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5. Is there any special way to talk to the role players?
The most important thing to keep in mind is that the role players you meet stay "in character" and that for them, the year is 1627. Remember, when you enter the 1627 Pilgrim Village, you are in the year 1627, too! Just say "hello" and enjoy your conversations with the residents of the Village, keeping in mind that they will not recognize any events after 1627. In addition, although many people call them “Pilgrims” today, the English colonists didn’t identify themselves by that term (popularized in the 19th century), so our role players will be understandably confused if you ask them “Are you a real Pilgrim?”

HELPFUL HINTS:

  • Ask lots of questions!
  • Listen in on other visitors' conversations (it's OK to eavesdrop here.)
  • Visiting the 1627 Pilgrim Village in much like visiting a foreign country, so please feel free to ask the role players to repeat something or to further explain a word or idea.

6. What else do I need to know about the role players?
Though the role players speak in 17th-century English dialects, you will probably have little difficulty understanding the words they use. What is much more challenging is listening to some of the opinions of people from the past. The role players express 17th-century English viewpoints—not their own modern ones. Some of what you will hear will be unusual or quaint. Some of what you hear will even be distasteful to modern sensibilities. Modern concepts of equality, freedom and respect for different cultures were not part of the way a 17th-century Englishman understood the world. The English at the time were intolerant of foreigners, Catholics, Jews, and even the "wrong" sort of Protestants.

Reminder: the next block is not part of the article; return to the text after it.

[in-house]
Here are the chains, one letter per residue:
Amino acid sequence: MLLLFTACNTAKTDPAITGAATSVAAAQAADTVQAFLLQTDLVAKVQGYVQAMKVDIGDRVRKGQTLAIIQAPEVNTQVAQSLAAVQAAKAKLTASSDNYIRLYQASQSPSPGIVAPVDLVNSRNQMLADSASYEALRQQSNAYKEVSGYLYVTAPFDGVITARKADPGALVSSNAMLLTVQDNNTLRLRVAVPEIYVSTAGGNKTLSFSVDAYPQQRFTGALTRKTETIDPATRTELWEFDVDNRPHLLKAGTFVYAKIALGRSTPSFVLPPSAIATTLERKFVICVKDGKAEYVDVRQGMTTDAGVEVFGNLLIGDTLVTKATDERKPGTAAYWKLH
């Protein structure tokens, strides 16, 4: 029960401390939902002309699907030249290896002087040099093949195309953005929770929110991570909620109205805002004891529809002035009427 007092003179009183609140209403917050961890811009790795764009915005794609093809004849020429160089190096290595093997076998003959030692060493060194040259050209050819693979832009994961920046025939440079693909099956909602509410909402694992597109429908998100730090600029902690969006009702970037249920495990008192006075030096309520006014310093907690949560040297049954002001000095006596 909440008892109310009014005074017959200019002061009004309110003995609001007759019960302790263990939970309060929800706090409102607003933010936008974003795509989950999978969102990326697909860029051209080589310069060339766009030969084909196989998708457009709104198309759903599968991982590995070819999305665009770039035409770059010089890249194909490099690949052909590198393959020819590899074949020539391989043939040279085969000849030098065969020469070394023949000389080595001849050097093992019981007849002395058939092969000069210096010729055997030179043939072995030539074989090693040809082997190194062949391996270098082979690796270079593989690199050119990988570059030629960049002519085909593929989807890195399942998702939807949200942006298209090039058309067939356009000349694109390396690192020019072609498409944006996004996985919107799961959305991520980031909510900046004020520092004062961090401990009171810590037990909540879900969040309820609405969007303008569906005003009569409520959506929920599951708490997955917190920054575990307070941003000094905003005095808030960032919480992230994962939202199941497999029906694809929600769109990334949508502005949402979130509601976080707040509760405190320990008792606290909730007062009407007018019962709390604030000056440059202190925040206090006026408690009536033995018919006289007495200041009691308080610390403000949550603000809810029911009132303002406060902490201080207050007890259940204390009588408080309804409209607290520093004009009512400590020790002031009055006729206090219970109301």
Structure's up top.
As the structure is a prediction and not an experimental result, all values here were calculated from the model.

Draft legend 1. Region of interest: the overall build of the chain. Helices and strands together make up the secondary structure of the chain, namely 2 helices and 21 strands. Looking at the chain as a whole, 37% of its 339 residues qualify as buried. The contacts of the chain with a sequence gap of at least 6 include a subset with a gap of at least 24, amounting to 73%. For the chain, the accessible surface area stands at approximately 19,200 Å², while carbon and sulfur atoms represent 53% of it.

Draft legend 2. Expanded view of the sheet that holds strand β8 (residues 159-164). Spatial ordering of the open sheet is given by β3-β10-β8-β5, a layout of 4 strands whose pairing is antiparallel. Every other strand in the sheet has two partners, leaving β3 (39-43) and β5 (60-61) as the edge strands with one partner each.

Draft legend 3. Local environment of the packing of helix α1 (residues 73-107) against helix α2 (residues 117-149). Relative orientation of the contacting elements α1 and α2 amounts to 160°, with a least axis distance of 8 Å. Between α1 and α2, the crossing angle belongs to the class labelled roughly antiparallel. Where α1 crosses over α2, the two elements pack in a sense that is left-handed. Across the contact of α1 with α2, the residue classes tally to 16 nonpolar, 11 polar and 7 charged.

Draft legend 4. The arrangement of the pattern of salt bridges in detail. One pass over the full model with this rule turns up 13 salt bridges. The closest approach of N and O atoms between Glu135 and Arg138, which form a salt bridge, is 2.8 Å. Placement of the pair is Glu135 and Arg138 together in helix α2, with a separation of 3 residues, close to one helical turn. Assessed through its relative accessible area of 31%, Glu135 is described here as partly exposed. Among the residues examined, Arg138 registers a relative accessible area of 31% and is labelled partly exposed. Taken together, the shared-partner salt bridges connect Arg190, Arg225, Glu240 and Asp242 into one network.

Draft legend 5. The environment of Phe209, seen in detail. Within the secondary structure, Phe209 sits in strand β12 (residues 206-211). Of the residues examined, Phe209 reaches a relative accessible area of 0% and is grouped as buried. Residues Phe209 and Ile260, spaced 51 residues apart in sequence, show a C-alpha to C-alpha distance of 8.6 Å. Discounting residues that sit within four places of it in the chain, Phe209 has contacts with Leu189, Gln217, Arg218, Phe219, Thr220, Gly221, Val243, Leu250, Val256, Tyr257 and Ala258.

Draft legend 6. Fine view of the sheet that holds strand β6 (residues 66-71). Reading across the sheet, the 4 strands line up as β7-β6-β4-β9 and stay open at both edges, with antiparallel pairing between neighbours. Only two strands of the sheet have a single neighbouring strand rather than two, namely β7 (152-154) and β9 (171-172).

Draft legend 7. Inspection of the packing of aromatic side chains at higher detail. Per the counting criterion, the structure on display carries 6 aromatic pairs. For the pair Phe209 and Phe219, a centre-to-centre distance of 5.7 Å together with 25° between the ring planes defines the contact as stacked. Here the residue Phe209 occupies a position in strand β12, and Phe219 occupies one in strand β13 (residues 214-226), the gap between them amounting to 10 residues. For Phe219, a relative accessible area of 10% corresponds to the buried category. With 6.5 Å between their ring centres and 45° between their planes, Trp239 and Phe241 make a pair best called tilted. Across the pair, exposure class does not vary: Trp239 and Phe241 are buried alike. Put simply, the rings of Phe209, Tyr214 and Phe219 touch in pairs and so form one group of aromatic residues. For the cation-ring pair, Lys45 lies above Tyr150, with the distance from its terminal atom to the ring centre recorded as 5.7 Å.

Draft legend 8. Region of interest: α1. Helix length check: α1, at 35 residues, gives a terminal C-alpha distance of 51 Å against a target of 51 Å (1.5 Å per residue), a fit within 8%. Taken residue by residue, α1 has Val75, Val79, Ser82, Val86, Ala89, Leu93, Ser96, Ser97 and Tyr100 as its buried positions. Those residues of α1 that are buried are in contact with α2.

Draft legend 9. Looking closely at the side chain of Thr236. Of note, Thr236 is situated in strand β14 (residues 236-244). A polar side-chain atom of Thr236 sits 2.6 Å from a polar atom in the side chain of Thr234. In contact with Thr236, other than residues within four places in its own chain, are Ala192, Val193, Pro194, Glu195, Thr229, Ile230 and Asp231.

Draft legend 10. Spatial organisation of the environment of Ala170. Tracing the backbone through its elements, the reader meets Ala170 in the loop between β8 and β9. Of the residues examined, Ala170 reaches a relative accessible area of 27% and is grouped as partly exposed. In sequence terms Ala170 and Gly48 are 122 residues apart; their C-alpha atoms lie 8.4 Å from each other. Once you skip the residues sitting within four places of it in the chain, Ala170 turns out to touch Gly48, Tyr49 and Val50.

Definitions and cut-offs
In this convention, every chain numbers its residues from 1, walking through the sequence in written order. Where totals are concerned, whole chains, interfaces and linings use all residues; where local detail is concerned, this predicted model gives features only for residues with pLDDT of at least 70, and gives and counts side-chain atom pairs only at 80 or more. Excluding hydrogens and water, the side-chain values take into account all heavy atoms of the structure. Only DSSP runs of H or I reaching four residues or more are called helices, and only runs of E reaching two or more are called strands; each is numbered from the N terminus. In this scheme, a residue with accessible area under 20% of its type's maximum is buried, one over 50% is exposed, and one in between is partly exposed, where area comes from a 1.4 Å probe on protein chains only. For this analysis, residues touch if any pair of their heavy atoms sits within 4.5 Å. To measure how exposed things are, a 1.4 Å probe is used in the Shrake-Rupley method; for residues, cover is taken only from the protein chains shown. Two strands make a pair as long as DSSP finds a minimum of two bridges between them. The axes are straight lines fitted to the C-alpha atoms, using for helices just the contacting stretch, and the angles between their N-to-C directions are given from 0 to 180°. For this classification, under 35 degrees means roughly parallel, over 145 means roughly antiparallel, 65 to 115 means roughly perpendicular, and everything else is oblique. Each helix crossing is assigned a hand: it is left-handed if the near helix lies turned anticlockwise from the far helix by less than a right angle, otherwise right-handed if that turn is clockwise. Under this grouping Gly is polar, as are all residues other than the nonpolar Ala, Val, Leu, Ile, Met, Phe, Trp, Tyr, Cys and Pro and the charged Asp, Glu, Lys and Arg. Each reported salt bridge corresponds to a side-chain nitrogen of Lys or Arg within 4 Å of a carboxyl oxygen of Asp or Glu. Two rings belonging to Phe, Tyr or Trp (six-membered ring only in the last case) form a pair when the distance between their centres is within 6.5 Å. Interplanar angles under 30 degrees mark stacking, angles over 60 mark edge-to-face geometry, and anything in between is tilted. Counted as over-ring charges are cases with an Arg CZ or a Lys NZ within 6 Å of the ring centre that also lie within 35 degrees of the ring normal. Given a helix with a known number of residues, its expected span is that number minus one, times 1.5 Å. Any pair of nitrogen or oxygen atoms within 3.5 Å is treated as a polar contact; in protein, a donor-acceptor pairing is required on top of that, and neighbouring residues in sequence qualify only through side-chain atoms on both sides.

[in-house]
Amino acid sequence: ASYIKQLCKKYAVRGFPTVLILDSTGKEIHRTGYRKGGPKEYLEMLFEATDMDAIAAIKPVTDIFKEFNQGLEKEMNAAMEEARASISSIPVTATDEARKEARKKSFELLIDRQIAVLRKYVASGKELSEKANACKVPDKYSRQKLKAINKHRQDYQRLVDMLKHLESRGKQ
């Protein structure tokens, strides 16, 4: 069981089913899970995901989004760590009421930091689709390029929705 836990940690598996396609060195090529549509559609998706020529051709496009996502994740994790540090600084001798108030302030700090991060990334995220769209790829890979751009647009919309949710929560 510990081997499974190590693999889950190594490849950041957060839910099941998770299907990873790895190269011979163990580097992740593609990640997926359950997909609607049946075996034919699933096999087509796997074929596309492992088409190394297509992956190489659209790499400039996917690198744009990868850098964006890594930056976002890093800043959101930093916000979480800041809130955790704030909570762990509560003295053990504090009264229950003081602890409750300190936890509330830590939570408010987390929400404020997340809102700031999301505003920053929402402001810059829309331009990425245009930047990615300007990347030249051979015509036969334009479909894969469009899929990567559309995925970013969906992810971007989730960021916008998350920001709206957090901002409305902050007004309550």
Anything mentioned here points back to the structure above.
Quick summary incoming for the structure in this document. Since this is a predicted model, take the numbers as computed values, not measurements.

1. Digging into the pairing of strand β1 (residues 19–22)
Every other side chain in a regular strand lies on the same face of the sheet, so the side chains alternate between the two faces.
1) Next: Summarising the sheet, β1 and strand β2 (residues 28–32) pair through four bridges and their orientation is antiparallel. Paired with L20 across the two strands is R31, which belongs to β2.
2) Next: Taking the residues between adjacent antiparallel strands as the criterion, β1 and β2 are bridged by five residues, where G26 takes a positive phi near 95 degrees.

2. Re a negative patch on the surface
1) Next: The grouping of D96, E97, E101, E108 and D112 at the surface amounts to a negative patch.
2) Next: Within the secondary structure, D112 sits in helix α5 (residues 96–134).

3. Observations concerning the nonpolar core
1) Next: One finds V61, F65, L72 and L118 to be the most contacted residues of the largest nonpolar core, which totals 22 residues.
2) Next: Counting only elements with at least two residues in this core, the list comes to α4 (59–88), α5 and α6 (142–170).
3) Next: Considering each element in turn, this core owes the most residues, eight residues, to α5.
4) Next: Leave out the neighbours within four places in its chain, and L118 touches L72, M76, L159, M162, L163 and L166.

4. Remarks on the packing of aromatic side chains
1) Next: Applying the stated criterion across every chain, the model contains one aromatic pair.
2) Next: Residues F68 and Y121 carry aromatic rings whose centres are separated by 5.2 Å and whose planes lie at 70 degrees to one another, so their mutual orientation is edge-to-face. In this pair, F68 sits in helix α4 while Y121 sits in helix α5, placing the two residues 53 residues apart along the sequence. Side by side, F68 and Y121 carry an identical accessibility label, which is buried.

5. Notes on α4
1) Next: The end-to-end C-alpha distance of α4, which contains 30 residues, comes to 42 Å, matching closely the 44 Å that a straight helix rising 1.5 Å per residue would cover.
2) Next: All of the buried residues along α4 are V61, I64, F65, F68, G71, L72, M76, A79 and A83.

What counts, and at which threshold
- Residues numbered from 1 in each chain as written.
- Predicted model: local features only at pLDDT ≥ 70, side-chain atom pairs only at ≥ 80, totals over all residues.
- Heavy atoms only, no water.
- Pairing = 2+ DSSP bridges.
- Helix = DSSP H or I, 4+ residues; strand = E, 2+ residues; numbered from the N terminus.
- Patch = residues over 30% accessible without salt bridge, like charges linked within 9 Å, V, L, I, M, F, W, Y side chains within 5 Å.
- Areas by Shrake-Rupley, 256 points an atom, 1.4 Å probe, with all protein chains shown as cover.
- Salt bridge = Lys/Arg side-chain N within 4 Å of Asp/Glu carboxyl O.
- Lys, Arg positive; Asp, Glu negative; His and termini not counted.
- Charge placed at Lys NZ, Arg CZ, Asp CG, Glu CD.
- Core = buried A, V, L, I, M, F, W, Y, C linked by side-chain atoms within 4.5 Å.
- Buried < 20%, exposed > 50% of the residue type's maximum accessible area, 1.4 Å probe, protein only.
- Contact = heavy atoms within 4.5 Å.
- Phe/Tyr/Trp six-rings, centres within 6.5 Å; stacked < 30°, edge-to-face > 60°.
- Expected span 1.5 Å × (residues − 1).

Given this background of intolerance, it is no wonder that many of the documents left behind by the Plymouth colonists show a lack of respect for Native People and their culture. Although the English write of their admiration for Massasoit and other Wampanoag leaders, there are also passages that show a deep cultural prejudice against the Wampanoag and other Native People. You may hear this common 17th-century perspective reflected in comments made by role players. Please remember that these comments are made "in character" as a means of teaching you about colonial English attitudes.

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7. Will there be someone to talk to in every house in the 1627 Pilgrim Village?
Not in every house. Much of the work in a 17th-century farming community took place out of doors, so you will find role playing staff in the fields, gardens and other work areas of the village as well as in the houses. When you do encounter an empty house, feel free to respectfully explore the interior and garden.

8. Will there be costumed children in the 1627 Pilgrim Village?
Occasionally. On weekends and during the summer, children of staff members sometimes portray children who lived in Plymouth.

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9. My child just read a book about a boy (Samuel Eaton) or a girl (Sarah Morton, Constance Snow, or Remember Patience Whipple) who lived in Plymouth Colony in 1627. Will we find that boy or girl in the village?
Probably not. Plimoth Plantation contributed to the creation of several books, including Samuel Eaton's Day, and Sarah Morton's Day. While these books are about children who lived in Plymouth Colony, it is unlikely that you will encounter a child in one of those roles during your visit.